When I first tried learning to code, I failed miserably. I was trying to solve an easy coding challenge (think FizzBuzz), and kept running into errors.
I spent hours on seemingly simple problems and almost never managed to get it right.
I enrolled into a computer science degree when I was 16. I had taken several programming courses (both in university and online), and was somehow still unable to write a complete program.
The mere idea of programming filled me with anxiety, and whenever I sat down to solve a coding assignment my brain would freeze. Every time I ran into an error I'd feel overwhelmed, and would shut down.
I was confused as to why I found it so difficult to code.
I was good at all the other subjects, and found it easy to digest theoretical material. Why was programming so different?
Two years went by.
I accepted that coding just wasn't for me. Maybe my brain was wired differently, and I just couldn't think that way.
I wanted to look for a career outside tech. If I were to get a job in tech, I was looking at options that didn't require me to know how to code.
During the Covid-19 pandemic, I was staying at home and didn't have much to do. I started reading articles on data science and programming, and decided to try learning on my own again.
I started solving coding problems on the Internet, and found them pretty challenging.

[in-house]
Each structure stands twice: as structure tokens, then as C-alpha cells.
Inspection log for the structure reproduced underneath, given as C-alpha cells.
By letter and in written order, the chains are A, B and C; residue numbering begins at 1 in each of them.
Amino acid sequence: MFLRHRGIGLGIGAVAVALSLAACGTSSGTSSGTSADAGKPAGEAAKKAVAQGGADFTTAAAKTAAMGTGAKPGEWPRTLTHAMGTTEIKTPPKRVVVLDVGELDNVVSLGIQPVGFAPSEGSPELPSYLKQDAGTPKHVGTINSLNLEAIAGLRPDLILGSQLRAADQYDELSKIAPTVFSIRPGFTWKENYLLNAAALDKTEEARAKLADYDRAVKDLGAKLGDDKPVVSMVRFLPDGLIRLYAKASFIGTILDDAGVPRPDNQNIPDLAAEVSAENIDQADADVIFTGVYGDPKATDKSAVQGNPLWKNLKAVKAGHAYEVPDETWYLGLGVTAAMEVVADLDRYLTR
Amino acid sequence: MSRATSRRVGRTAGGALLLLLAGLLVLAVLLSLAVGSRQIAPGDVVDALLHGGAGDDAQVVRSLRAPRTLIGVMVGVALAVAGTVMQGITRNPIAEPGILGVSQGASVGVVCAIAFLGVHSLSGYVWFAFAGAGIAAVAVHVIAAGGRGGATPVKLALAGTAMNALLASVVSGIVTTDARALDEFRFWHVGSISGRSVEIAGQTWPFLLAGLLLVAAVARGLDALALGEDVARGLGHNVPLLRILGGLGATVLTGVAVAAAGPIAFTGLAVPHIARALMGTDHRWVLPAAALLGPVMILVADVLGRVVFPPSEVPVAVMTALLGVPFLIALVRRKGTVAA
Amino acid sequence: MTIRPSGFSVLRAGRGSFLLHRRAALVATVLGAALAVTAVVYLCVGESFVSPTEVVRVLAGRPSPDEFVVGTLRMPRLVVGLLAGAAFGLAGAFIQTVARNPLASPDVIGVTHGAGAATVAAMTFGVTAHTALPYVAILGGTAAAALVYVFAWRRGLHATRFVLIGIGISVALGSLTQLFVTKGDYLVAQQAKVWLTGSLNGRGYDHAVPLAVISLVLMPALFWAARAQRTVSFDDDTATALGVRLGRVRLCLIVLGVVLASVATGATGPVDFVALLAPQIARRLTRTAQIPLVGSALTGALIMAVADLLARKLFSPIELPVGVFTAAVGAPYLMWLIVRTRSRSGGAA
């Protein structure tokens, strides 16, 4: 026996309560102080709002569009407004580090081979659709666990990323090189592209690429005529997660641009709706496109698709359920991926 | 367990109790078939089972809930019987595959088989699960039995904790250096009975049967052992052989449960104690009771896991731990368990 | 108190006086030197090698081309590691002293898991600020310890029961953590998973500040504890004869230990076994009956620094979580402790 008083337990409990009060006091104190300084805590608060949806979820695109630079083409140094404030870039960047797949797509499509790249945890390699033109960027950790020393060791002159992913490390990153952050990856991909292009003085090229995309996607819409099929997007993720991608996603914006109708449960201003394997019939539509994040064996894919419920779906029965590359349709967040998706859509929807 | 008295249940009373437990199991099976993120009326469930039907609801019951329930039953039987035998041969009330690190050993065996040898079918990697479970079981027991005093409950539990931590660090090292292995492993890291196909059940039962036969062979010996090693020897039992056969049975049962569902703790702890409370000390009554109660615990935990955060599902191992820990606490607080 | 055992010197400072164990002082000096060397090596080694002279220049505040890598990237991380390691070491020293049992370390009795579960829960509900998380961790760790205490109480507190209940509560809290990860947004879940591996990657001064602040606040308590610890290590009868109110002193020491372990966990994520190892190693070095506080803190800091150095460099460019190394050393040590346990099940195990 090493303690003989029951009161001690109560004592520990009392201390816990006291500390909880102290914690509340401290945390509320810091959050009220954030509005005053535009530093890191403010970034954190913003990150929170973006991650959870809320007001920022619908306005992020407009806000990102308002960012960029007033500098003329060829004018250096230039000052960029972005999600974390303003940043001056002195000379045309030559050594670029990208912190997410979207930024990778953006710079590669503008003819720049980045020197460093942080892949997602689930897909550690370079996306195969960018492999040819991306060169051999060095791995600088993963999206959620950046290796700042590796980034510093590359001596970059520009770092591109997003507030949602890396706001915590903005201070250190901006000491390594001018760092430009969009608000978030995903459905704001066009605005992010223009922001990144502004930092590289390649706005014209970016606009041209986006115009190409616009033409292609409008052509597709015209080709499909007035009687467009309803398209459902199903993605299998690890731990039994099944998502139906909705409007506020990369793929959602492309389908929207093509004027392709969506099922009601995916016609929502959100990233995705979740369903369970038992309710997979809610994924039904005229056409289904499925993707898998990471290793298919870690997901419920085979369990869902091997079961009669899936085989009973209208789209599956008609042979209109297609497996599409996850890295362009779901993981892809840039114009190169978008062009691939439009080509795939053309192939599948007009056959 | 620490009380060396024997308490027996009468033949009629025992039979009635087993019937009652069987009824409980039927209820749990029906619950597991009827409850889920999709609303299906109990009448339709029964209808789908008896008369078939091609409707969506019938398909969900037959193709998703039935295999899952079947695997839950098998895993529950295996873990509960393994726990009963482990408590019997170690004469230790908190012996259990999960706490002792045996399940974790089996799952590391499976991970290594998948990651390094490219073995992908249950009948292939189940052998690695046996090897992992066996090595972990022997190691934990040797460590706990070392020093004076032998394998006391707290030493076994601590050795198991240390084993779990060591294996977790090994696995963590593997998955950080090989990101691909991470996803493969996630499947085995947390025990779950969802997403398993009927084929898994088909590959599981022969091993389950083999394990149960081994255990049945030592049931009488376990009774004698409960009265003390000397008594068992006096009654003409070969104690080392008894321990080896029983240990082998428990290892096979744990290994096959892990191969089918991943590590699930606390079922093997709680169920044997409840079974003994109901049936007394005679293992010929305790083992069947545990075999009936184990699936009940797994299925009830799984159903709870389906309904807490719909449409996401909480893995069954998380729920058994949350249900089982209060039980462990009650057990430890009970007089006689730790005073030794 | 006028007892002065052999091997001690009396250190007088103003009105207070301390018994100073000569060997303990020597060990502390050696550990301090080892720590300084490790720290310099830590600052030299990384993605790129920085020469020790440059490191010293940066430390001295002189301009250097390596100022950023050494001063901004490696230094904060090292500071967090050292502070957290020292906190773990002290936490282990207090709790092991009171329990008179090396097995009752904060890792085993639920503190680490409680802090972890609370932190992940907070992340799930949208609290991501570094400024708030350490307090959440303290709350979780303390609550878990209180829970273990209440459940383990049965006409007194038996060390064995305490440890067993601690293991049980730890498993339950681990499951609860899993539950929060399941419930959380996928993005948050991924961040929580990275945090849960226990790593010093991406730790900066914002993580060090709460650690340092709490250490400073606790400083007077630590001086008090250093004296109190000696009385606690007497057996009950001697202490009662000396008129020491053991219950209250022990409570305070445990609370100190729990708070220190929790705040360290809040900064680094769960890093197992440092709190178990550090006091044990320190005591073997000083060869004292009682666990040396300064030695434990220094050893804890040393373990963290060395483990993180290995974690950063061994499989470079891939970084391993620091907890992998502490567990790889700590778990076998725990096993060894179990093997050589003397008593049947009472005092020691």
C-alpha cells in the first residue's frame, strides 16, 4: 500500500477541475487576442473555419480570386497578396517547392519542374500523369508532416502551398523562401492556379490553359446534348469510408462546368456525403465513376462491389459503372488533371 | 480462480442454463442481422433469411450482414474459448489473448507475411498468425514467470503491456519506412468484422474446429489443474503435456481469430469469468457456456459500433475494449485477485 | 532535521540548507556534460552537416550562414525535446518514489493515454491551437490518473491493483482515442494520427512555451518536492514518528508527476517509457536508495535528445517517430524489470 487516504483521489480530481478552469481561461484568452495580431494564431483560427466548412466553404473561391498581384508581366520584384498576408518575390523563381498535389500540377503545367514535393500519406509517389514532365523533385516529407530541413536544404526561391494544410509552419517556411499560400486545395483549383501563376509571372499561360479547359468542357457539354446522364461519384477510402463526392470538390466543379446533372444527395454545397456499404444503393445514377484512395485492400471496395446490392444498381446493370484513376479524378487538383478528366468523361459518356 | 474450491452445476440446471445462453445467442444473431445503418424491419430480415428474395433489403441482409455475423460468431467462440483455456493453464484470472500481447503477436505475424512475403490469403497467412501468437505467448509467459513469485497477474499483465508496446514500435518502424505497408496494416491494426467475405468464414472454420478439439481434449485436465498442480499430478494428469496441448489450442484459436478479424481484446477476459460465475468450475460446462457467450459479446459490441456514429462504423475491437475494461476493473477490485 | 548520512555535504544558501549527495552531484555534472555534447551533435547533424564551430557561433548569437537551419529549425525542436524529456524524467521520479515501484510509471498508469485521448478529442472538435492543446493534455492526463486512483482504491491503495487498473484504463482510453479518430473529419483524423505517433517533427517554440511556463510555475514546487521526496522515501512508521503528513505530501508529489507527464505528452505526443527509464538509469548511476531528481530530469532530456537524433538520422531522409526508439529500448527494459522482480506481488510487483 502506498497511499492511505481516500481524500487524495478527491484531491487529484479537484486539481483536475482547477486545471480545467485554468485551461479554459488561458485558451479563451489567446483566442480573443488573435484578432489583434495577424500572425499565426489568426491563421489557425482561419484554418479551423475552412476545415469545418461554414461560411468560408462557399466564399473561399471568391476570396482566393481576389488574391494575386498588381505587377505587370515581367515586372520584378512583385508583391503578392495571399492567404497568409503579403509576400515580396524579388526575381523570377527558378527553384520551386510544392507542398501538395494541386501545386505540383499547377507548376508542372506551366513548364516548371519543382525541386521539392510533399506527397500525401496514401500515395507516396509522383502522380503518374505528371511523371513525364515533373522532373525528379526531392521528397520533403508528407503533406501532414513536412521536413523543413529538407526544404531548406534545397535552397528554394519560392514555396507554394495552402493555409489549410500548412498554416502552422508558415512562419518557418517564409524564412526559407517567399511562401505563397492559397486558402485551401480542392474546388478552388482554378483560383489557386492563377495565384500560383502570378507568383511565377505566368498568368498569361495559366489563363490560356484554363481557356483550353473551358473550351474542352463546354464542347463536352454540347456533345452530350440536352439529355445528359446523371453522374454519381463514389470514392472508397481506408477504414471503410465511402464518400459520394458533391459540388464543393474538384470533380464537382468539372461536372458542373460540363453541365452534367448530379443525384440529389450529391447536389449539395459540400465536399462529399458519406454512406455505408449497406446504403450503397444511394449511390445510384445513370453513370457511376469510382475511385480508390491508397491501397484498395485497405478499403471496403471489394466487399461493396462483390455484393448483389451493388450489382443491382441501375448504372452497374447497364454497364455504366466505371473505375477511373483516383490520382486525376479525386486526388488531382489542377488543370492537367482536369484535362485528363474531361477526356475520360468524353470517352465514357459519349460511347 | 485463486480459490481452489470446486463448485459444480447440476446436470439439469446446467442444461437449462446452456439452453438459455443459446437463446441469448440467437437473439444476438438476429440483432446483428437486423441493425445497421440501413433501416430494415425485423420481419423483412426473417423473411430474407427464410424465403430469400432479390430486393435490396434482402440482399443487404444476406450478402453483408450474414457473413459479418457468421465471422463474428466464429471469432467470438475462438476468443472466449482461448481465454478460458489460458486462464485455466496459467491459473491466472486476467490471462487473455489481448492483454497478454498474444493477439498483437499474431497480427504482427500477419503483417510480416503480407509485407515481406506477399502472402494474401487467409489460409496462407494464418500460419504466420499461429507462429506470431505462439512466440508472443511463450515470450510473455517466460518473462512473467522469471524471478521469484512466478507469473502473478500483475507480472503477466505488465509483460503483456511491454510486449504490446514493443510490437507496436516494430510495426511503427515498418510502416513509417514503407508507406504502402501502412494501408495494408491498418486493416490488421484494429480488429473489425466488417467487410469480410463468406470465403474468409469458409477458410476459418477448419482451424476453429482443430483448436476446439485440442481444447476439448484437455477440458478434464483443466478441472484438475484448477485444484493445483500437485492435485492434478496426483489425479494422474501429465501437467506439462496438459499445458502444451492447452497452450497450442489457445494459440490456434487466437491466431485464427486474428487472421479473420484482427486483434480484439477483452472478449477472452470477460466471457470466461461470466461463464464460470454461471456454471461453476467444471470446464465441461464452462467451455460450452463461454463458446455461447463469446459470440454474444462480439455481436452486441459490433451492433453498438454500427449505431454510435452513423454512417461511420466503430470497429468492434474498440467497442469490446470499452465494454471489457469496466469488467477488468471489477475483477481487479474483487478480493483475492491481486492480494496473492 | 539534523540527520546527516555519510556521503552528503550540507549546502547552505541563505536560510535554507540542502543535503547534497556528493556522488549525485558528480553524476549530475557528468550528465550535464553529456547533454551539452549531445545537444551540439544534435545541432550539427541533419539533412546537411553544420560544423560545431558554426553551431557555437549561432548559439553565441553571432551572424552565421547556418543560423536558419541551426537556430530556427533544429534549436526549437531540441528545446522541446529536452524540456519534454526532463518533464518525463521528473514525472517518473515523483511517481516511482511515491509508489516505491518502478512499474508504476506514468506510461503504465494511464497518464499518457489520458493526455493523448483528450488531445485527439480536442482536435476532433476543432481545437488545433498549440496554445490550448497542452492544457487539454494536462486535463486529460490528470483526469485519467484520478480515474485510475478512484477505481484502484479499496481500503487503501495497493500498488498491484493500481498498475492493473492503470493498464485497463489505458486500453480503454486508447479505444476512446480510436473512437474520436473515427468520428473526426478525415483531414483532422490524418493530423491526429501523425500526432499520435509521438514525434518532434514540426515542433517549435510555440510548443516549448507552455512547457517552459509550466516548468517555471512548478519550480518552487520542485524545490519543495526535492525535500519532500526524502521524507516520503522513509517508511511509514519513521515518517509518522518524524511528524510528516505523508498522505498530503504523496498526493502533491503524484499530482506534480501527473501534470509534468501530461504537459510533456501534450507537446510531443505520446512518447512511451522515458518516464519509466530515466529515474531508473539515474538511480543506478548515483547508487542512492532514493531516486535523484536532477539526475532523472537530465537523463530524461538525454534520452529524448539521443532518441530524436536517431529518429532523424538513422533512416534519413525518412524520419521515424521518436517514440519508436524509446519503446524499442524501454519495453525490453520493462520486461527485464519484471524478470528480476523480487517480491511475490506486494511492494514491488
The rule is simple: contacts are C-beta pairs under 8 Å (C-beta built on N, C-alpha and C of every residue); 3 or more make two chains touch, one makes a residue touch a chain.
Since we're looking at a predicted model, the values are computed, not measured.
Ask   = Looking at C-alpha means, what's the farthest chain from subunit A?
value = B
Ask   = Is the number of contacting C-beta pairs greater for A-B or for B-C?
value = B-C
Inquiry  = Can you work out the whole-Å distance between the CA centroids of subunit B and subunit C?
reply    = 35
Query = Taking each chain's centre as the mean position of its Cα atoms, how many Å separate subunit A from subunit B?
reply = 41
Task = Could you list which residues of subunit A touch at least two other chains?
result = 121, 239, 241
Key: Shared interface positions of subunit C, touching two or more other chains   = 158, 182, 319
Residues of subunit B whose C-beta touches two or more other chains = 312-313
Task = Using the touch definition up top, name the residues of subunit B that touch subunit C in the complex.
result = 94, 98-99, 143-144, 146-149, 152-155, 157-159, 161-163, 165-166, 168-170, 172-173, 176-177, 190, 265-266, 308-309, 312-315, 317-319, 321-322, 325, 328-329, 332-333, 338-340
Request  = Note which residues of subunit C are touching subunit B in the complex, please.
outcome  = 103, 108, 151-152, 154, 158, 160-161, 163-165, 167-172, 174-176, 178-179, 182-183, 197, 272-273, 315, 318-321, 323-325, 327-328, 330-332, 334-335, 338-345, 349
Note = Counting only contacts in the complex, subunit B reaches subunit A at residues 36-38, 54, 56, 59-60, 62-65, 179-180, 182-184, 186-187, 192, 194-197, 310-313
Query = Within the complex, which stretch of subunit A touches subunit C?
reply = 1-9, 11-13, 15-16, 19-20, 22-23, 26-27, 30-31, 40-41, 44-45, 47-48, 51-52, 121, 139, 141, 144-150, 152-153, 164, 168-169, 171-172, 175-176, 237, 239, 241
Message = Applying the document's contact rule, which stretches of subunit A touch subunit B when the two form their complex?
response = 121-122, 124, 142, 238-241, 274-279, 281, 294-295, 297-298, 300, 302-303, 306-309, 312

I'd get stuck on a simple problem for a couple of hours. Sometimes, I couldn't find the solution for days.
I would look at other people's solution to the same problem and understand the logic they used. Then I'd use the same logic to write my own code.
Slowly but surely, I started to see progress.
It took weeks, but it worked. I was also able to start building small programs and games in Python.
As I spent more time coding, it started becoming like second nature to me. Every time I faced a new problem or encountered a tool I wasn't familiar with, I knew that I'd eventually be able to solve it.
There is a difference between studying for an exam and learning a skill.
All this while, I'd been treating programming like a subject. I would try learning as much as I could a week or two before the exam, and expected to be able to write good code.
It took me a long time to realize that picking up a skill was completely different. It took time, and required consistency and discipline.
You can't do something for a week, or even a month, and expect to be good at it.
You need to do it every day for at least a year.
Have you ever faced a scenario like this before?
You work on something for a couple of months.
It could be a project at work or a new skill you're trying to learn.
After some time, other responsibilities get in the way. You stop working on the project/skill temporarily to focus on other tasks.
Around 4-5 months pass, and you decide to start working on it again.
However, you realize that it is a lot more difficult now than it was before.
You lost touch with the work you'd done previously. You need to spend a lot more time now to get back into the groove and get to where you were before.
It's almost as though you need to start over.
The situation above is very common.
If you lack consistency, you will lose touch of skills you worked so hard to built.
It's better to do something every day for one minute than to do it once a year for an entire day.
If you want to learn something new, dedicate at least 3-4 hours to it every day.
Once you've reached a certain level of expertise (after 1-2 years), you can reduce the amount of time you spend to around 1 hour.
After the skill becomes second nature to you, you can even reduce this to 30 minutes.
However, you should never stop doing it.
Whether its picking up a new instrument, mastering a dance move, or learning to code, you need to do it consistently. Practice every day.